“Omicron appears to be the first dominant variant to demonstrate a decline in disease severity,” the study said.

Kashif Pirzada, an emergency department physician at Humber River Hospital and Sunnybrook Hospital in Toronto, said Omicron still presents risk, even though vaccines are keeping infected people out of lethal danger and Canada’s immunization rate is among the highest in the world.

“There’s still enough unvaccinated people out there to crash the system,” Dr. Pirzada said.

So far, COVID-19 has not harmed children to the same degree as adults. But the vaccination rate for children is lower than it is for adults, and Omicron could reach young people in a way previous, less transmissible variants have not.

“It does seem to be affecting very young children more,” Dr. Pirzada said. “The ones I’ve seen need maybe a little bit of support – maybe a little bit of oxygen, some therapy, and they can go home the next day.”

“But if you multiply that across the entire population, that quickly becomes overwhelming.” Children under 5 are, for now, ineligible for vaccines.

Prior to Omicron, new daily infection statistics could be used to forecast how many people would soon be admitted to hospital, require critical care or die. But Omicron is spreading in a much different environment than its predecessors.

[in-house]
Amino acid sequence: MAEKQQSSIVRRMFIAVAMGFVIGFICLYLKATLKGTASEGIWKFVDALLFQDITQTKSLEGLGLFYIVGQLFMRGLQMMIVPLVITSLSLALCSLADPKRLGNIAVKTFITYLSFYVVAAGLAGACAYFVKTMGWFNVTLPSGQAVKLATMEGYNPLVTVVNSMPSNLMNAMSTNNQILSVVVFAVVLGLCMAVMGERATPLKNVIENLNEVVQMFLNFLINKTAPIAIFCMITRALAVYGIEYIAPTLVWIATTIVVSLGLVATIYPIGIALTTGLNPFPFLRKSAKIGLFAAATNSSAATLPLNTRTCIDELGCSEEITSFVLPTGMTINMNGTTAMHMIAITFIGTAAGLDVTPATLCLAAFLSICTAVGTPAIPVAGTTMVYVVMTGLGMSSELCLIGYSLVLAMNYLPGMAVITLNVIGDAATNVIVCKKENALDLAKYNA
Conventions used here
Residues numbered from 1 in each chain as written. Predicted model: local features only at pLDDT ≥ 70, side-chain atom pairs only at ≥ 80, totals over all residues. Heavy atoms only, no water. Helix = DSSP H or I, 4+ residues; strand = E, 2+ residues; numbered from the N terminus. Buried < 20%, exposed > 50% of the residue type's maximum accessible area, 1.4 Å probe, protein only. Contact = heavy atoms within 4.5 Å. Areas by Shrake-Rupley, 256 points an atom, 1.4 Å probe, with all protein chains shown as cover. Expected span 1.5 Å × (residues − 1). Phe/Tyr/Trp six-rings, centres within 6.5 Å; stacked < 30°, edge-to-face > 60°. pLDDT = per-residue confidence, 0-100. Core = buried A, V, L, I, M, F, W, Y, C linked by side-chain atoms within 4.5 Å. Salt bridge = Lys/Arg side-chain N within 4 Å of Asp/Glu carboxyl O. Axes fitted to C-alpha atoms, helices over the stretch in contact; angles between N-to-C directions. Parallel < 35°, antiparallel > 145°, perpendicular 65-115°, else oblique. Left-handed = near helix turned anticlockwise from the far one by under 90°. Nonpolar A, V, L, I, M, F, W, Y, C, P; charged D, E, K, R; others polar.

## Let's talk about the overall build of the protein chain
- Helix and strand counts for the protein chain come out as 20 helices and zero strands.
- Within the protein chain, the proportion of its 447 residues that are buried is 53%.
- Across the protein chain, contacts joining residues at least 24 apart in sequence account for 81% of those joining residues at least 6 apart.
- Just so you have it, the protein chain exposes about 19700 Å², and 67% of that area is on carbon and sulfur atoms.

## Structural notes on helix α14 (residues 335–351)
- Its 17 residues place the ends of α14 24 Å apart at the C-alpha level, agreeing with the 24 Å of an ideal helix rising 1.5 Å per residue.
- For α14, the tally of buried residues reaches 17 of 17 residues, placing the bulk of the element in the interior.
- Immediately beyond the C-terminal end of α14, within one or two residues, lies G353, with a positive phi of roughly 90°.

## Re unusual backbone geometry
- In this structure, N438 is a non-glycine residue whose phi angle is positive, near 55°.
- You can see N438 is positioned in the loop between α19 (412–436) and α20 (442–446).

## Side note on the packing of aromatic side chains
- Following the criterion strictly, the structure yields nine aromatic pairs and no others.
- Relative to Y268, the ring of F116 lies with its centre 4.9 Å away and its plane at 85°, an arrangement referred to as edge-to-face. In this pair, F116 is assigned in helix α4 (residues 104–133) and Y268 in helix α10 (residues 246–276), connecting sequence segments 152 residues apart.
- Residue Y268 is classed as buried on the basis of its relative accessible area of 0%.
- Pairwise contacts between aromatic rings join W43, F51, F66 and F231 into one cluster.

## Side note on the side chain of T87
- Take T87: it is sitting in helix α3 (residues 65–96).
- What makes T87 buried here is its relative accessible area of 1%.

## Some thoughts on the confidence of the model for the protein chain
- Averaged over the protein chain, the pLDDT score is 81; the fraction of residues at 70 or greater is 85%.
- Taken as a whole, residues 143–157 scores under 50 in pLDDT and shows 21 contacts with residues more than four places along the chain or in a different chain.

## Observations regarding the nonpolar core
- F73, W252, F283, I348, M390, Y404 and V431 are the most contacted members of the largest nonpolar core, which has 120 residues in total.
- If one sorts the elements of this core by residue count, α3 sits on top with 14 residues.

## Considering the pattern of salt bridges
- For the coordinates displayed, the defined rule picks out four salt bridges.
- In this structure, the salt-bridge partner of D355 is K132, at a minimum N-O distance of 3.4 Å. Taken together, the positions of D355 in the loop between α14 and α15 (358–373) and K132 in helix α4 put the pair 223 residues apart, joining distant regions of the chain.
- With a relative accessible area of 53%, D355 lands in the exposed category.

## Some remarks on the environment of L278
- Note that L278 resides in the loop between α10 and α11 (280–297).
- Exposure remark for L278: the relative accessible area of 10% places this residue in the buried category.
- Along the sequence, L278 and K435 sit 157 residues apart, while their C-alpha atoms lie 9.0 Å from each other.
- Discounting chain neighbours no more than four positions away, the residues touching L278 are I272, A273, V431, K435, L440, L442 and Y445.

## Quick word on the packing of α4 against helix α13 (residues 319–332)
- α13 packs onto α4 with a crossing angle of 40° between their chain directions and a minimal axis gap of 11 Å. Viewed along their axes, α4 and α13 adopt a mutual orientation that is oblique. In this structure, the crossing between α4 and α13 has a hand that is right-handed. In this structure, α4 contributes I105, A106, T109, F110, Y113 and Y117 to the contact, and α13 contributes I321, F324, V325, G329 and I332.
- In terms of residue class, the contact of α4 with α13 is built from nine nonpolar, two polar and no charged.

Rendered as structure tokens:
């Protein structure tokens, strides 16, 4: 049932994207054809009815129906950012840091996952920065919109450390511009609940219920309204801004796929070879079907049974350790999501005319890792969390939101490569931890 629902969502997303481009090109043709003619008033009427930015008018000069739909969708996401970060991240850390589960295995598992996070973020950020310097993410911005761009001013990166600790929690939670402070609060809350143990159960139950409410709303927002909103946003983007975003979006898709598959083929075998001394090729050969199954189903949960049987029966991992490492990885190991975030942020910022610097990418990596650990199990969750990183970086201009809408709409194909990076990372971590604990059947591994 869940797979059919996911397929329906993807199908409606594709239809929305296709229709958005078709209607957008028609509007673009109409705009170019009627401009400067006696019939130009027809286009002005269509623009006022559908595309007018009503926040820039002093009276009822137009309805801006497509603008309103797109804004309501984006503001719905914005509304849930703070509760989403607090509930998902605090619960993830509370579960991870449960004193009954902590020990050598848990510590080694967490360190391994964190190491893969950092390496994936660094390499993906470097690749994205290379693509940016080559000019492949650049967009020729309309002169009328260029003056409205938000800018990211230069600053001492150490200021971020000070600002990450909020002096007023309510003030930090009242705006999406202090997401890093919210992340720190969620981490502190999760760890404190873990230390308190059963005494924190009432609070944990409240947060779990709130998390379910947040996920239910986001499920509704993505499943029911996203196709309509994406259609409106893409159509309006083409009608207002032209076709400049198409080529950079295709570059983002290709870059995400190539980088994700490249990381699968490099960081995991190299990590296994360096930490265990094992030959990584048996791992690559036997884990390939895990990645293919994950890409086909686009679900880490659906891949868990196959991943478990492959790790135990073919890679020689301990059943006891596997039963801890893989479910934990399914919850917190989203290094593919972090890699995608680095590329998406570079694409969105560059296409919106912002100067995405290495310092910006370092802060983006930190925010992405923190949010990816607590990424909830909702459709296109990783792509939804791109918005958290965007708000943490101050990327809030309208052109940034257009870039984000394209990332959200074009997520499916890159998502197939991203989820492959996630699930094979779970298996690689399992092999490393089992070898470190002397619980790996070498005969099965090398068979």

Canada reported an average of 25,332 new daily cases of COVID-19 between Dec. 23 and 29, according to the Public Health Agency of Canada. This marked an increase of 141 per cent compared with the previous week, the agency said. As of Dec. 29, the provinces and territories had collectively reported 34,000 cases of Omicron.

But those case numbers are not as reliable as statistics from previous waves of the pandemic, because over the past two weeks Canadian jurisdictions have restricted access to polymerase chain reaction (or PCR) COVID-19 tests. Governments have presented this as a way of relieving stress on testing labs, which can’t keep up with demand as Omicron rips through the population.

This means official case counts now exclude thousands of people who have COVID-19 symptoms but don’t qualify for publicly funded PCR testing under the new rules.

Another obstacle to predicting Omicron’s toll compared to previous waves is that the Canada is now much more heavily vaccinated than it used to be, meaning old assumptions about transmissibility may no longer apply.

By the end of August, 72.5 per cent of Canadians had received their first vaccine doses, and 65 per cent were fully vaccinated. Now, 82 per cent of people in Canada have received first doses and 76 per cent are fully vaccinated, according to PHAC. Health Canada approved Pfizer-BioNTech’s vaccine for children between ages 5 and 11 on Nov. 19, about a week before Omicron was first detected in North America.

Joseph Dahine, an intensive care physician at Cité-de-la-Santé Hospital in Laval, said hospitals are preparing in the same way they did when the pandemic started, except with depleted staff.

“We’re doing it now with the same people that are exhausted and whose morale is, I would say, at an all-time low,” he said.

With a report from the Canadian Press